BARchive :: Making Magic - Searching for LGBT Histories of Neopaganism, the Paranormal and the Occult in San Francisco
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Earlier this year, while doing research for another article, I found the term "witches Christmas" for Halloween. It first appeared on a calendar for the S.I.R. center in October 1967 and was taken as the name of an annual party for the Warlocks Motorcycle Club. The term made me wonder about the history of pagan and occult interests among LGBT people in San Francisco. This is the perfect time of year to explore that topic.
At his talk "Do What Thou Wilt: Kenneth Anger and the Dawn of Aquarius," held at the GLBT Historical Museum in August, historian Joey Cain handed out cards with Aleister Crowley's work Liber Oz. One line in that work is, "Man has the right to love as he will." As part of the doctrine of Crowley's Thelemite religion, it declares the equality of all forms of love, and it was written in 1941.
Crowley is central to many schools of occult thought. In "The Confessions of Aleister Crowley," the bisexual mage writes he visited San Francisco twice, in 1901 and 1916. In 1901 he found the city to be "a madhouse of frenzied money-making and frenzied pleasure-seeking" (an accomplishment, considering he was called the wickedest man in the world).
The gay bohemian poets of the San Francisco Renaissance worked with the magic of words. Robert Duncan was raised by Theosophists in Alameda. In December 1964 filmmaker Kenneth Anger left a trunk at Duncan and Jess' house at 3267 20th Street which contained items belonging to Crowley. In Robert Duncan, The Ambassador From Venus, Lisa Jarnot relates that after having Anger remove the trunk:
"In the following days, Duncan poured through his books on magic and spells, carrying out various makeshift rituals to evict the unwelcome spirits."
Poet Jack Spicer was likewise interested in the occult. Lewis Ellingham and Kevin Killian relate in the Spicer biography "Poet Be Like God" that he was interested in Tarot and Crowley and planned a book on Tarot. In 1957 Spicer conducted a workshop called "Poetry as Magic" at the Public Library, which included (among others) Spicer, Duncan and the poet Helen Ada, whose work often involved the supernatural.
Anger lived in San Francisco from 1964 to 1967. On November 27, 1964 he premiered "Inauguration of the Pleasure Dome" at The Movie on 1034 Kearny Street (Anger lived above the theater at 1032 ½ Kearny). The Chronicle reported that it was the first showing of the film in America. Anger told the paper the film "is based on a cult started by Aleister Crowley."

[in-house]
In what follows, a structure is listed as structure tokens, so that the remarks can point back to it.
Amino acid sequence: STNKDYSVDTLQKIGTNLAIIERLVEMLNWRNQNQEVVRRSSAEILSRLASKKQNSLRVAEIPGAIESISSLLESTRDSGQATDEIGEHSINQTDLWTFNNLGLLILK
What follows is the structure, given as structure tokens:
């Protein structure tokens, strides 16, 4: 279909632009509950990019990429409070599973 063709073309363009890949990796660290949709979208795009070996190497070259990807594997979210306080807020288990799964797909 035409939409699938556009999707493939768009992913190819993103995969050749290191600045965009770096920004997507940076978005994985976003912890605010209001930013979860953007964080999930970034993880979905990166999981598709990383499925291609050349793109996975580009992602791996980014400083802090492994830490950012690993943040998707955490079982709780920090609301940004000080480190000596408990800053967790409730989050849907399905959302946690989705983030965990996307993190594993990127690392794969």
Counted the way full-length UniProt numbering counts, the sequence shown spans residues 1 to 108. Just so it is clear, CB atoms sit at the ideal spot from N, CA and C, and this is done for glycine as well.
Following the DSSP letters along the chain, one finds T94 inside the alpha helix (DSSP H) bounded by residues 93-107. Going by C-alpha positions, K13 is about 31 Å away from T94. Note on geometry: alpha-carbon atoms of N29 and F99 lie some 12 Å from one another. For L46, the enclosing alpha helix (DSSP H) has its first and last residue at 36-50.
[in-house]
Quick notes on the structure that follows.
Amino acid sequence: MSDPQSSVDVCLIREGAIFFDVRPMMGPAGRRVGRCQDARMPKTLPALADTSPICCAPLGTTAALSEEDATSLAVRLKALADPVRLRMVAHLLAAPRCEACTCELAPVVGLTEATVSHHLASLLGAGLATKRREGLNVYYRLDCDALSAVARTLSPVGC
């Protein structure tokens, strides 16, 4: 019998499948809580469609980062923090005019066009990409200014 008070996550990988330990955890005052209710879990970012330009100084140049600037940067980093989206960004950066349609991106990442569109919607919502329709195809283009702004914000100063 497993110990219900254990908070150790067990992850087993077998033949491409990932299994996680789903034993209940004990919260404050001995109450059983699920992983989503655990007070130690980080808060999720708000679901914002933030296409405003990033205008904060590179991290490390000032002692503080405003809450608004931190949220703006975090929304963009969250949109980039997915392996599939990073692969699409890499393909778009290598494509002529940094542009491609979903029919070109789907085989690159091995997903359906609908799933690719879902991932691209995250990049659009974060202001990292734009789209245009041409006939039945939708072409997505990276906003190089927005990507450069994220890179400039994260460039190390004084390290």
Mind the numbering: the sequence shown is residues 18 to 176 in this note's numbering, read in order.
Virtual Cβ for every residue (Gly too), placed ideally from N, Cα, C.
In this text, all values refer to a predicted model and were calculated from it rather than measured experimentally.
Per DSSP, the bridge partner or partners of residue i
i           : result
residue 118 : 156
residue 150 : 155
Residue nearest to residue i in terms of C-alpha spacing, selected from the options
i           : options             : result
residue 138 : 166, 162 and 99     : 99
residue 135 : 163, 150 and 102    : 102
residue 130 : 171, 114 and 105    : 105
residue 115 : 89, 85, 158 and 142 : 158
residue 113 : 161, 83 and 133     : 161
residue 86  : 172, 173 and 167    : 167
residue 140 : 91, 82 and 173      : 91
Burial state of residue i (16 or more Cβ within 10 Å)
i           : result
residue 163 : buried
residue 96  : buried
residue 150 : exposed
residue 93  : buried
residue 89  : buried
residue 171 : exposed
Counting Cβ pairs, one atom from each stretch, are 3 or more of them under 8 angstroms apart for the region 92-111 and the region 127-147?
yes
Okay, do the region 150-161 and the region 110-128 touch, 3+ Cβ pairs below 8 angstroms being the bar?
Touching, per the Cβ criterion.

By 1967 Anger was living at the William Westerfeld House (1198 Fulton). On February 24 he attended the Digger's "Invisible Circus" at Glide Memorial Church. There he met Bobby Beausoleil, who would go on to infamy with the Manson Family.
Anger invited Beausoleil to move into the Fulton Street house and to personify Lucifer (which Anger saw as an angel of light) in "Lucifer Rising." Some material in the film comes from a live concert, "Equinox of the Gods" (named from a book by Crowley), which happened at the Straight Theater (1702 Haight) on September 21, 1967. Events surrounding the concert resulted in both Anger and Beausoleil leaving town.
Another star of "Lucifer Rising" was Anton LaVey, who was well-known in San Francisco in the '60s, even before founding the Church of Satan in 1966. Featured in Herb Caen's column as the owner of a lion named Togare, LaVey held a series of Friday night lectures on the occult in the early '60s at his Black Victorian (6114 California St.), where Anger was a frequent guest.
LeVayan Satanism is LGBT-friendly, as the will of the individual is paramount (he referred to his form of Satanism as "Ayn Rand's philosophy with ceremony and ritual added"). His The Satanic Bible (first published in 1969) states:
"Satanism condones any type of sexual activity which properly satisfies your individual desires - be it heterosexual, homosexual, bisexual or even asexual, if you choose."
This philosophy is also made clear in the documentary "Satanis" (1970), in which he performs a ritual of sexual attraction between gay men.
The 1970s saw an explosion of interest in Neopaganism, witchcraft and the occult. Jack Fritscher published "Popular Witchcraft, Straight from the Witches Mouth" in 1972.
In 1976, Arthur Evans gave a series of "faeries" lectures, which were published as "Witchcraft and the Gay Counterculture" in 1978.
Starhawk, a founder of the Reclaiming tradition of Neopaganism, wrote the Chronicle in 1976 responding to an article entitled "Alarming Revival of Witchcraft." She pointed out in her letter, "Witchcraft has no connection with diabolism, Satanism or the worship of the forces of evil in any form. We practice the religion of the Goddess, the loving Mother of the Universe."
Z. Budapest, who would hex the LaRouche proposition in 1986, fought for her right to practice Wiccan religion in the '70s.
The Radical Faeries and the Sisters of Perpetual Indulgence, with their versions of Neopaganism, were founded in 1979.
Many of these traditions remain with us to the present. Although some occult bookstores like Fields, which was at 1419 Polk Street for 80 years, moved online (www.fieldsbooks.com) others, like Enchantations in Campbell (2160 Winchester) remain open and LGBT-friendly today.
The Reclaiming tradition (www.reclaiming.org) holds its annual Spiral Dance for Samhain every year at this time. Ghost tours like the Haunted Haight Walking Tour (www.HauntedHaight.com) include sights like Trax Bar, which tour guide Tommy Netzband tells me was haunted by a ghost from the 1940s.
It may seem odd that our community found acceptance in occult philosophy while religions which profess to follow a god of love object to LGBT people both legally and spiritually. But perhaps Halloween is a good time of year to remember: our daily existential horror often trumps gothic horror.